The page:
fnPrime


CDC: Bird Flu Strains Adapt To Aid Potential Human Infection



A new study suggests some North American avian influenza A H7 virus strains have properties that might enhance their potential to infect humans, as well as to spread from human to human




A new study suggests some North American avian influenza A H7 virus strains have properties that might enhance their potential to infect humans, as well as to spread from human to human.

The study by the Centers for Disease Control and Prevention (CDC) was published in the Proceedings of the National Academy of Sciences USA. Avian influenza A H7 viruses are fairly common in birds but rarely infect humans. Most cases of avian-influenza infection in humans have resulted from contact with infected poultry or contaminated surfaces.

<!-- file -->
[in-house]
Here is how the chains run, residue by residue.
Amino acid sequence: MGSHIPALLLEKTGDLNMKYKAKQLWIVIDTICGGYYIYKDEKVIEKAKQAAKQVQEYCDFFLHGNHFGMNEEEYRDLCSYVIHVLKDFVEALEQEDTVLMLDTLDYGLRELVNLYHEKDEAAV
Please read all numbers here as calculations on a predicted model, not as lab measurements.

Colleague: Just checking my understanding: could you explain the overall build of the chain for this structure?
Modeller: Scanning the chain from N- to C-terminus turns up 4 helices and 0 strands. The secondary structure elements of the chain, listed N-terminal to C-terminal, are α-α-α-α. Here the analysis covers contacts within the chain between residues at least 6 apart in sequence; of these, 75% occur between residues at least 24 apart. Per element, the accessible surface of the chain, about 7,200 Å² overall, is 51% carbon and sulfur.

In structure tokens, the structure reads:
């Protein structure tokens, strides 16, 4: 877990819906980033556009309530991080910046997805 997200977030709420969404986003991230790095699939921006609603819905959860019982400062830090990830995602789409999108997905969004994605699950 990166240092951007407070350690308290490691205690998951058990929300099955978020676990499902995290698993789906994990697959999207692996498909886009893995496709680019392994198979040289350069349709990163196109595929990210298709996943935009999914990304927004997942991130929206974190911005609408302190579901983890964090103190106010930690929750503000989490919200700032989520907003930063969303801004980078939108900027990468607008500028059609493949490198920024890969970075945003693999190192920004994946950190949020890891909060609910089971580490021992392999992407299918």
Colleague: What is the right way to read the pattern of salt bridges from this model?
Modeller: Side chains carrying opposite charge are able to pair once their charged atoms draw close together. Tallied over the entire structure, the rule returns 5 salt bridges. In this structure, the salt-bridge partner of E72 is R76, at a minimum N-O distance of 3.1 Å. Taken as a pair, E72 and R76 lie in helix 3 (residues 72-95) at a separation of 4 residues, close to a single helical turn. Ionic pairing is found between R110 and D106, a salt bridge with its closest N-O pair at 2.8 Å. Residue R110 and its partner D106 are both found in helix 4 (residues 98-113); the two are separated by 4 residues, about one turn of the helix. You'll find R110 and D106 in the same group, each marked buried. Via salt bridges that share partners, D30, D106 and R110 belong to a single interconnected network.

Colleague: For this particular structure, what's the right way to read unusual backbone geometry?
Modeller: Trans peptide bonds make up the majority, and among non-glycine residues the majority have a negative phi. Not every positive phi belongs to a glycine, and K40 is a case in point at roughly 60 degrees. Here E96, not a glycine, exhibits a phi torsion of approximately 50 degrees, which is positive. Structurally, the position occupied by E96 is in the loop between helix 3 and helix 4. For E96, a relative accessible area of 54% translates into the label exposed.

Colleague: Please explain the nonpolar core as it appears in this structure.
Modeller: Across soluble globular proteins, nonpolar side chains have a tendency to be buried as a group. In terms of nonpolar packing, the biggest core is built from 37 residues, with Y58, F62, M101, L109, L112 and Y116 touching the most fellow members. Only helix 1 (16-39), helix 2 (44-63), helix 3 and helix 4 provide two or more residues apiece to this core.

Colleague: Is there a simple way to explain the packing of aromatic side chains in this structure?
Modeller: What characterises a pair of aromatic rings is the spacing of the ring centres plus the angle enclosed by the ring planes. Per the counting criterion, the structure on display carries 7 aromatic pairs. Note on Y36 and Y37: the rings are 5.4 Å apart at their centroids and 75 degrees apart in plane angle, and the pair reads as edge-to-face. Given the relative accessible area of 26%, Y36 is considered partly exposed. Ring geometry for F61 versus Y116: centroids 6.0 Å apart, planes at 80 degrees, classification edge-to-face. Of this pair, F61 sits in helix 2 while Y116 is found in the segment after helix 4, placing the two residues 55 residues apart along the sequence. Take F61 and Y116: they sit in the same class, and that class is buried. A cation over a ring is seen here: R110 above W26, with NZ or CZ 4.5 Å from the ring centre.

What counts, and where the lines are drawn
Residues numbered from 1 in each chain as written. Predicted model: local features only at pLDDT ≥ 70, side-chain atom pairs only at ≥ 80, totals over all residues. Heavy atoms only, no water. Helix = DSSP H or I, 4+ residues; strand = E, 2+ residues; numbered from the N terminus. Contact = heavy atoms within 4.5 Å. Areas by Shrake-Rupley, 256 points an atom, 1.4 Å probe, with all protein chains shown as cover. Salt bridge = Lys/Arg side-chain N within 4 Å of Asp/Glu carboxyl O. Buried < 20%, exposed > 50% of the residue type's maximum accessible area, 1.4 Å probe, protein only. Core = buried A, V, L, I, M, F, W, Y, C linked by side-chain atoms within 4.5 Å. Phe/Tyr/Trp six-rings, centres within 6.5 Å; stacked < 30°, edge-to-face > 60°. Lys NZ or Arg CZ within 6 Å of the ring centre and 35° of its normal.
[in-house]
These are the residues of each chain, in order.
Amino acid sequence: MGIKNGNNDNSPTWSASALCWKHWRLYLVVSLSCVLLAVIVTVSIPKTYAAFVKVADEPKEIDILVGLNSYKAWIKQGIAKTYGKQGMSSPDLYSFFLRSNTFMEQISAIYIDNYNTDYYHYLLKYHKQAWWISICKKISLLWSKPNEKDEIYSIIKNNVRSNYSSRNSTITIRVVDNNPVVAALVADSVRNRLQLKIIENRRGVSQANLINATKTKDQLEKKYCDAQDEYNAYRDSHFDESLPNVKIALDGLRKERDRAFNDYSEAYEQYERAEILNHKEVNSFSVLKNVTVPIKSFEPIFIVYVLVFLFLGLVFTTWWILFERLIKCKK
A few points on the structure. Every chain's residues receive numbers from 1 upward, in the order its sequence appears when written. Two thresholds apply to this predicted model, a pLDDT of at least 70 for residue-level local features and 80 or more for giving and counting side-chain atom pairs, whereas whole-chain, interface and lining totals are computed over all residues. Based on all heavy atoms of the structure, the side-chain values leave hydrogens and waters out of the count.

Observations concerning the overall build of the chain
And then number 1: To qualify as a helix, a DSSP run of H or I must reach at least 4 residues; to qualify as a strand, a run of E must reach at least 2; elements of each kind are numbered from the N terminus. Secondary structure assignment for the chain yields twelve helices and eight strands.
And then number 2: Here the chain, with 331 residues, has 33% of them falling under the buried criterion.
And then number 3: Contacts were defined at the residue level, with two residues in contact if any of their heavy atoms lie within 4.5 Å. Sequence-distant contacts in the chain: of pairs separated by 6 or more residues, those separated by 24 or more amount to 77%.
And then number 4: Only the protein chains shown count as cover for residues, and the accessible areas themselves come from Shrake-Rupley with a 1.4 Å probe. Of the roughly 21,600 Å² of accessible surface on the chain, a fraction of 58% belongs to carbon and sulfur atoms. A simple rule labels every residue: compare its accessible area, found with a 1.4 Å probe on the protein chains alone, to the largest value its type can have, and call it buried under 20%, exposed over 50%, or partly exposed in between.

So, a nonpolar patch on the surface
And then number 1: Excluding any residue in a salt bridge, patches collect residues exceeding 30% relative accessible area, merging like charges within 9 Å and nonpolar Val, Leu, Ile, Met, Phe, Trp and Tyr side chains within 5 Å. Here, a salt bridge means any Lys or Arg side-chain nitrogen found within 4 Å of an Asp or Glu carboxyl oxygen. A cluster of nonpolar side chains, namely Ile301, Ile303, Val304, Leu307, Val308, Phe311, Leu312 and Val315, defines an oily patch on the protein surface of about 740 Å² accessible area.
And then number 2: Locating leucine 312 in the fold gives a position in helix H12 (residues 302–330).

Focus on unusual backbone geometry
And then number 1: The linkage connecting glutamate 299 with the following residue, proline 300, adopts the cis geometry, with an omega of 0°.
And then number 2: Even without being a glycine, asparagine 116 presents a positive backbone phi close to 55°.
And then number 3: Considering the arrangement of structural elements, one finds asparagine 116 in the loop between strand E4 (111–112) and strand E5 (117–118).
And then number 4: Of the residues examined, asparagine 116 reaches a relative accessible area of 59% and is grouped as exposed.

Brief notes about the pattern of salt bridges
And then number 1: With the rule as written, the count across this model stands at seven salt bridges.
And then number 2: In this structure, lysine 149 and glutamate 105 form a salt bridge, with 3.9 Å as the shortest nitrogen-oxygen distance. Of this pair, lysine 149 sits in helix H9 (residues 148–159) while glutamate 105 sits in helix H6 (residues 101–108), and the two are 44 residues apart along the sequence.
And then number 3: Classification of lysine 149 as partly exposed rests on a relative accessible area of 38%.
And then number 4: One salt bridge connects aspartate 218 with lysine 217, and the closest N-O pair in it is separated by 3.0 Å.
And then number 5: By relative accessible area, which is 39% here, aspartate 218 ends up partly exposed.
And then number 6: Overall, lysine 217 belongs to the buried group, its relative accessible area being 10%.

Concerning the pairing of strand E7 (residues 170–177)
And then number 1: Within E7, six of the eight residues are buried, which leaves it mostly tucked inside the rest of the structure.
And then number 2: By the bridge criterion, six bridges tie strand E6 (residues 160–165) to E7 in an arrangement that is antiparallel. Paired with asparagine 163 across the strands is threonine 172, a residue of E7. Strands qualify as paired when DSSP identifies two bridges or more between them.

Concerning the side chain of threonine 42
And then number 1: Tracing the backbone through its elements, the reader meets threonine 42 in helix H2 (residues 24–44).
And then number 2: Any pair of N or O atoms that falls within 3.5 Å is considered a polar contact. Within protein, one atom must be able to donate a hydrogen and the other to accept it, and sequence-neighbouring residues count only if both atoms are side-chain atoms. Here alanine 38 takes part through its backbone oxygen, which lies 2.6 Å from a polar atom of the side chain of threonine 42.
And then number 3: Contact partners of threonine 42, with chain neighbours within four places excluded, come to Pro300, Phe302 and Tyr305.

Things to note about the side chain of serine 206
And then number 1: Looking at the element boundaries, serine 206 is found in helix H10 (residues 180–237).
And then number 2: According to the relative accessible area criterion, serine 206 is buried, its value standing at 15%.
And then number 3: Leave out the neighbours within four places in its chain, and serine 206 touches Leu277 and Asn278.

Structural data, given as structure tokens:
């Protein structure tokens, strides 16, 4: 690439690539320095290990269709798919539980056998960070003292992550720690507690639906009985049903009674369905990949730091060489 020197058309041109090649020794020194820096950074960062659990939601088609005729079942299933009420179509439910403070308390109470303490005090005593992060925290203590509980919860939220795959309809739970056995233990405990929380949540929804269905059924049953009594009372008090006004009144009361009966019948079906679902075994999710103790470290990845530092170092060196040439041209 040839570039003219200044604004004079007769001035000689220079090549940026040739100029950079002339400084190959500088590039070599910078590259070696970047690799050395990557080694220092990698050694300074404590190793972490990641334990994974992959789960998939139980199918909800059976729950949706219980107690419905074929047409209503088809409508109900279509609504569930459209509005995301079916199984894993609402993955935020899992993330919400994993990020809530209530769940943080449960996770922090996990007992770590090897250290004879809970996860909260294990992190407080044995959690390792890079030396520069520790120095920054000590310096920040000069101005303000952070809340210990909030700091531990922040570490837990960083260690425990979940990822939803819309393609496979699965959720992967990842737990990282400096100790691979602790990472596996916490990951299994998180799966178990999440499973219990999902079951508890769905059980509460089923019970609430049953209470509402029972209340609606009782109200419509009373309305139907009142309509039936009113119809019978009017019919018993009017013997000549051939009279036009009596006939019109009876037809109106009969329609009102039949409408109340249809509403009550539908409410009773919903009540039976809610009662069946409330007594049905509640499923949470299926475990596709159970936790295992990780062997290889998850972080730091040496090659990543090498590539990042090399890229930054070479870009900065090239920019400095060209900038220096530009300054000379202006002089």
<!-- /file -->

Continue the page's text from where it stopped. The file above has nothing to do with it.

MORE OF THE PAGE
Influenza viruses infect humans by attaching to certain sugar receptor molecules found on cells in the human respiratory tract. Influenza viruses can have differing degrees of ability to bind to these receptors. The greater an influenza virus’s ability to do so, the greater the likelihood the virus can cause illness in humans and possibly be passed from human to human.

Three recent H7N2 strains and two H7N3 strains from North America were tested and found to bind to varying degrees to both avian and human receptors. One virus, an H7N2 virus strain isolated from an immune-compromised man in New York in 2003, was found to have the greatest binding to the human sugar receptors.

This study’s findings suggest these North American avian influenza A H7 viruses are partially adapted to recognize sugar receptors preferred by human influenza viruses, which are found in the human upper respiratory tract.




Contact FacilitiesNet Editorial Staff »

  posted on 6/13/2008   Article Use Policy




Related Topics: